For those of you who aren’t lucky enough to have a shop like this nearby there are alternatives. Shopping at farmers markets and fruit and vegetable shops can usually eliminate waste as supermarkets tend to have this awful habit of wrapping fresh produce in some sort of unnecessary wrapping. Many supermarkets now offer bulk-buy nuts, grains and pulses but usually offer plastic bags. If you don’t have cloth bags or your own paper bags handy my sneaky tip is to go get yourself a mushroom paper bag from the produce section. Then you can fill it with the goodies of your choice and avoid the plastic. When scouring the shelves of packed good be sure to check your items to see if the packaging is recyclable. Always opt for recyclable packaging and if you can’t find an option that can be recycled then rethink if you really need that item. Be sure to check with your local council if you are unsure about recycling in your area. If you really struggle with any of the above options you can shop in bulk. Buying jumbo packs of your most important goodies can cut back your packaging footprint. If you are worried that your cupboard might be a bit boring without the pretty packaging I can assure you that after a while looking at a uniform pantry of pretty homemade labels can be very satisfying! Especially as it provides a reminder of how wise you have been with your purchasing decisions.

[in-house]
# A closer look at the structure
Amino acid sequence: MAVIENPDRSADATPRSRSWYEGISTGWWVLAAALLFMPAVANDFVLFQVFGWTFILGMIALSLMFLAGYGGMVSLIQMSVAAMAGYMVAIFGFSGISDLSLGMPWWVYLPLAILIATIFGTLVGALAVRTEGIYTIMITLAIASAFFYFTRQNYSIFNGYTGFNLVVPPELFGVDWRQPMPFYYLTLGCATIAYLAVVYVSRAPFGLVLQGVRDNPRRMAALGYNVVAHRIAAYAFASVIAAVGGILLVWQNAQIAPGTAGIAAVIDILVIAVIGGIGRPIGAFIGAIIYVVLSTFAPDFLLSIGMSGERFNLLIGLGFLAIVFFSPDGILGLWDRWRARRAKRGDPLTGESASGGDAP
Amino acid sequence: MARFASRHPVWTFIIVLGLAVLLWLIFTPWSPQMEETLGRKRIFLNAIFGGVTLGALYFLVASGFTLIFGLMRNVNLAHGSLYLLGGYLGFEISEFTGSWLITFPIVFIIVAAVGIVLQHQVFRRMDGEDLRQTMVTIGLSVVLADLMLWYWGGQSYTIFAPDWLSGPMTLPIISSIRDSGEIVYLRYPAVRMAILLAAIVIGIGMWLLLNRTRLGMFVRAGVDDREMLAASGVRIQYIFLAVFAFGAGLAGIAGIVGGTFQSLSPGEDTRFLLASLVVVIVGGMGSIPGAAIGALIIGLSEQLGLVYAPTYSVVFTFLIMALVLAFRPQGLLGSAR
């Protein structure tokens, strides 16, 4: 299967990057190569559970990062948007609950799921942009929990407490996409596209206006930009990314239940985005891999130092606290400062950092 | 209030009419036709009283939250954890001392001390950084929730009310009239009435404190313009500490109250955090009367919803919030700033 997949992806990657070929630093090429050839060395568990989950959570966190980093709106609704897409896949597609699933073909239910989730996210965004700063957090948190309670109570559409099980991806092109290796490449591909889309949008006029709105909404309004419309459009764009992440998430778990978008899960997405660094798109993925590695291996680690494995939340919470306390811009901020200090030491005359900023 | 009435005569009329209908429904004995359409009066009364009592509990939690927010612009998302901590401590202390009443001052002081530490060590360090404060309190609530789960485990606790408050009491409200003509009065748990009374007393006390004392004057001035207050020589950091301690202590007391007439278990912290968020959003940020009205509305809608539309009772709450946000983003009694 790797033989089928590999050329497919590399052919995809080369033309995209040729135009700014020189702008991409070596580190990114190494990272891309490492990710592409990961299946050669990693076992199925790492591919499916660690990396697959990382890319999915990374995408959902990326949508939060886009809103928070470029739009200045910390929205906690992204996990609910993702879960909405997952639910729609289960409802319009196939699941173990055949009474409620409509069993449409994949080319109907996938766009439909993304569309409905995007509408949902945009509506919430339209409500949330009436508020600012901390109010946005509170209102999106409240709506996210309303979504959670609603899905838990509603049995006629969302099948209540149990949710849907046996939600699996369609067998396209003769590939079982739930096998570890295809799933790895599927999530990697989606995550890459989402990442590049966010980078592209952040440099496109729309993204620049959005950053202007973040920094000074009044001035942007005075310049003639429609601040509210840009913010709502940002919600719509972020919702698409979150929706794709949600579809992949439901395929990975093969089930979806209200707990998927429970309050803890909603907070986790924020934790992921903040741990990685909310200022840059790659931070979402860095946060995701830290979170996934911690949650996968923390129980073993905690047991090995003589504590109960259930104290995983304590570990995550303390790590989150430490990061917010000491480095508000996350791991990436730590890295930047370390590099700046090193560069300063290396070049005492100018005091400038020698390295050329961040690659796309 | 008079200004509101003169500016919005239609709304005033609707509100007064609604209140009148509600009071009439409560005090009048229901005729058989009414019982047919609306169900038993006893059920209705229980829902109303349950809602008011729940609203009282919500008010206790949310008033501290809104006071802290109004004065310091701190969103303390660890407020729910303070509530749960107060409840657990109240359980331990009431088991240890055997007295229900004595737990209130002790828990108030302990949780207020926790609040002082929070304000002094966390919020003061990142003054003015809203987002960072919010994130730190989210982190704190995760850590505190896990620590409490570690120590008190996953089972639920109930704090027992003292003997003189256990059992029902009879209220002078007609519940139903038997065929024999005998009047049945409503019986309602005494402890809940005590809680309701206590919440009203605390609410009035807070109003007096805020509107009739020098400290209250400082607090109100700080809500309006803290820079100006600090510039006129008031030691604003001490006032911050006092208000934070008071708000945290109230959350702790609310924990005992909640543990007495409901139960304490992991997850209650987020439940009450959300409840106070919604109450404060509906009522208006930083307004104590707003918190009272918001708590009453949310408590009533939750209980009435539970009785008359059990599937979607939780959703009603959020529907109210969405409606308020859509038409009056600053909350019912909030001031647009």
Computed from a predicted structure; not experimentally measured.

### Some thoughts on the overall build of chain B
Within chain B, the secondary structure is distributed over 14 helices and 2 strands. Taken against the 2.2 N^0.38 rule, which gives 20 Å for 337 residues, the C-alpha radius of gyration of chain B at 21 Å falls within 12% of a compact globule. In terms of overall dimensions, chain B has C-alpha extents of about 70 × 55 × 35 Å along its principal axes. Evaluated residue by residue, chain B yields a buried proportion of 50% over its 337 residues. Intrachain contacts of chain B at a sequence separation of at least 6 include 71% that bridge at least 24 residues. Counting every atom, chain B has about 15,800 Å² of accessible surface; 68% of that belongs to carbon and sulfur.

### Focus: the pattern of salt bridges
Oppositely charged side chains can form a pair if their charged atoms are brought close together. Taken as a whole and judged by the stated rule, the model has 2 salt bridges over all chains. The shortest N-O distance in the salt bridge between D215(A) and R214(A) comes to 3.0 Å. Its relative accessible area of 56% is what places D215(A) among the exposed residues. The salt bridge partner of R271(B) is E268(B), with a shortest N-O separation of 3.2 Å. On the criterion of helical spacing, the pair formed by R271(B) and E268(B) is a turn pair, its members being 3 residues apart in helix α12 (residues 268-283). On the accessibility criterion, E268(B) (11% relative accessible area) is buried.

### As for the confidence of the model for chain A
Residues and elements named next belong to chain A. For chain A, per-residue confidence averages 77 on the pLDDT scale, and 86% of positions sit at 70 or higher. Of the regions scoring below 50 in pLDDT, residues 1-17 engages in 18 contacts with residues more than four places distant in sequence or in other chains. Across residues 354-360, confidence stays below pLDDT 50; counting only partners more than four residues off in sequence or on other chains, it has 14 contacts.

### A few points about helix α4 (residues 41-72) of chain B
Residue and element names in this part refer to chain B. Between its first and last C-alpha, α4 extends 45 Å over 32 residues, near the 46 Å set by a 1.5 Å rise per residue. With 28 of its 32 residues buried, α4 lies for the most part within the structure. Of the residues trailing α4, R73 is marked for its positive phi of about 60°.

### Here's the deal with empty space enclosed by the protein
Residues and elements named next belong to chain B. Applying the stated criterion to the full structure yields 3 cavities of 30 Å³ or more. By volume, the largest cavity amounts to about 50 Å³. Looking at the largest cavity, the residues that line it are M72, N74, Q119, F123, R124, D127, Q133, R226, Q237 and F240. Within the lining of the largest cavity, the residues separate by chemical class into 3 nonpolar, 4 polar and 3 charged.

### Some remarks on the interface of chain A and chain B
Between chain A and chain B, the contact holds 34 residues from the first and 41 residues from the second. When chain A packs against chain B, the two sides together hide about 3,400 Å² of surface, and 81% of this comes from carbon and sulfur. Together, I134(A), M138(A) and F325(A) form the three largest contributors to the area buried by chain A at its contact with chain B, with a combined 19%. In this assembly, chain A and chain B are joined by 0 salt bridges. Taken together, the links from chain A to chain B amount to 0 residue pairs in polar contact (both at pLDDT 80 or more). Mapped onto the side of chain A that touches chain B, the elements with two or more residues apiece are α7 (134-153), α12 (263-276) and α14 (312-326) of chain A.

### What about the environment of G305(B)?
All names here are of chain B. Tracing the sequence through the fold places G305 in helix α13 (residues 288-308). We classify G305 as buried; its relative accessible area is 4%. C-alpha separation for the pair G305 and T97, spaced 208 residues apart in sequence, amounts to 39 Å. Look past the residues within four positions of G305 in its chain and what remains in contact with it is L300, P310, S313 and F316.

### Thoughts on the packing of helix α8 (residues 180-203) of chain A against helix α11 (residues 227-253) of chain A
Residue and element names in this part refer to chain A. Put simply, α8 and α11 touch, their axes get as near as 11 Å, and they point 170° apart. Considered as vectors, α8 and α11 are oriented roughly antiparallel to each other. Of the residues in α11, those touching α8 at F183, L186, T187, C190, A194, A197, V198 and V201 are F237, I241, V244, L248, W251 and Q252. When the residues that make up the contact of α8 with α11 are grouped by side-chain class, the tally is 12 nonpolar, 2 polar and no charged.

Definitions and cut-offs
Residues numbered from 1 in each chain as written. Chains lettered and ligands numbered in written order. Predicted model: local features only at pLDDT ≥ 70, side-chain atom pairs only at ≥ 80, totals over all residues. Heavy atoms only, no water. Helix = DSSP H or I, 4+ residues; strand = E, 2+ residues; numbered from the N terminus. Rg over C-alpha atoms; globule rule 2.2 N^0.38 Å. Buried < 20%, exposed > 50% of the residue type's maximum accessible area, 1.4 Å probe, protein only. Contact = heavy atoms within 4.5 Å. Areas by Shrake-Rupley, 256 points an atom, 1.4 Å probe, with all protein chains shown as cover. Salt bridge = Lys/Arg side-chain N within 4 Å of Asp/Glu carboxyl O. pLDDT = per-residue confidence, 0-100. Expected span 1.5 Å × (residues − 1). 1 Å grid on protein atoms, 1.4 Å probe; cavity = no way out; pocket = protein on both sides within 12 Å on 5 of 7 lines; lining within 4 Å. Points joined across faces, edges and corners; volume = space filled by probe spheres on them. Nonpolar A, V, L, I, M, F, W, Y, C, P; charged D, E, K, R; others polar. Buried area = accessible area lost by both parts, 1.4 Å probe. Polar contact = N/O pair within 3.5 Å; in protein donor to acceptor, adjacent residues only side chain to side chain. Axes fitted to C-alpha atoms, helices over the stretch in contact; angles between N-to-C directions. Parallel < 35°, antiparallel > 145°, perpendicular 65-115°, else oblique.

The aforementioned study into mindfulness and green behaviours suggests that by customers taking a more thoughtful approach to shopping (as in reading all your labels and thinking about the final destination of your packaging) and by retailers like Alnatura providing one-stop-eco-shopping experiences that allow customers to shop mindfully without much serious contemplation then green shopping behaviours can be quite easily adopted.
Now that you have made it to the end of an eco-mindfulness shopping marathon read you will be rewarded with this delicious recipe from Alnatura. I prepared these bad-boys for the picture below and would just like to note that they are THE MOST DELICIOUS THING EVER.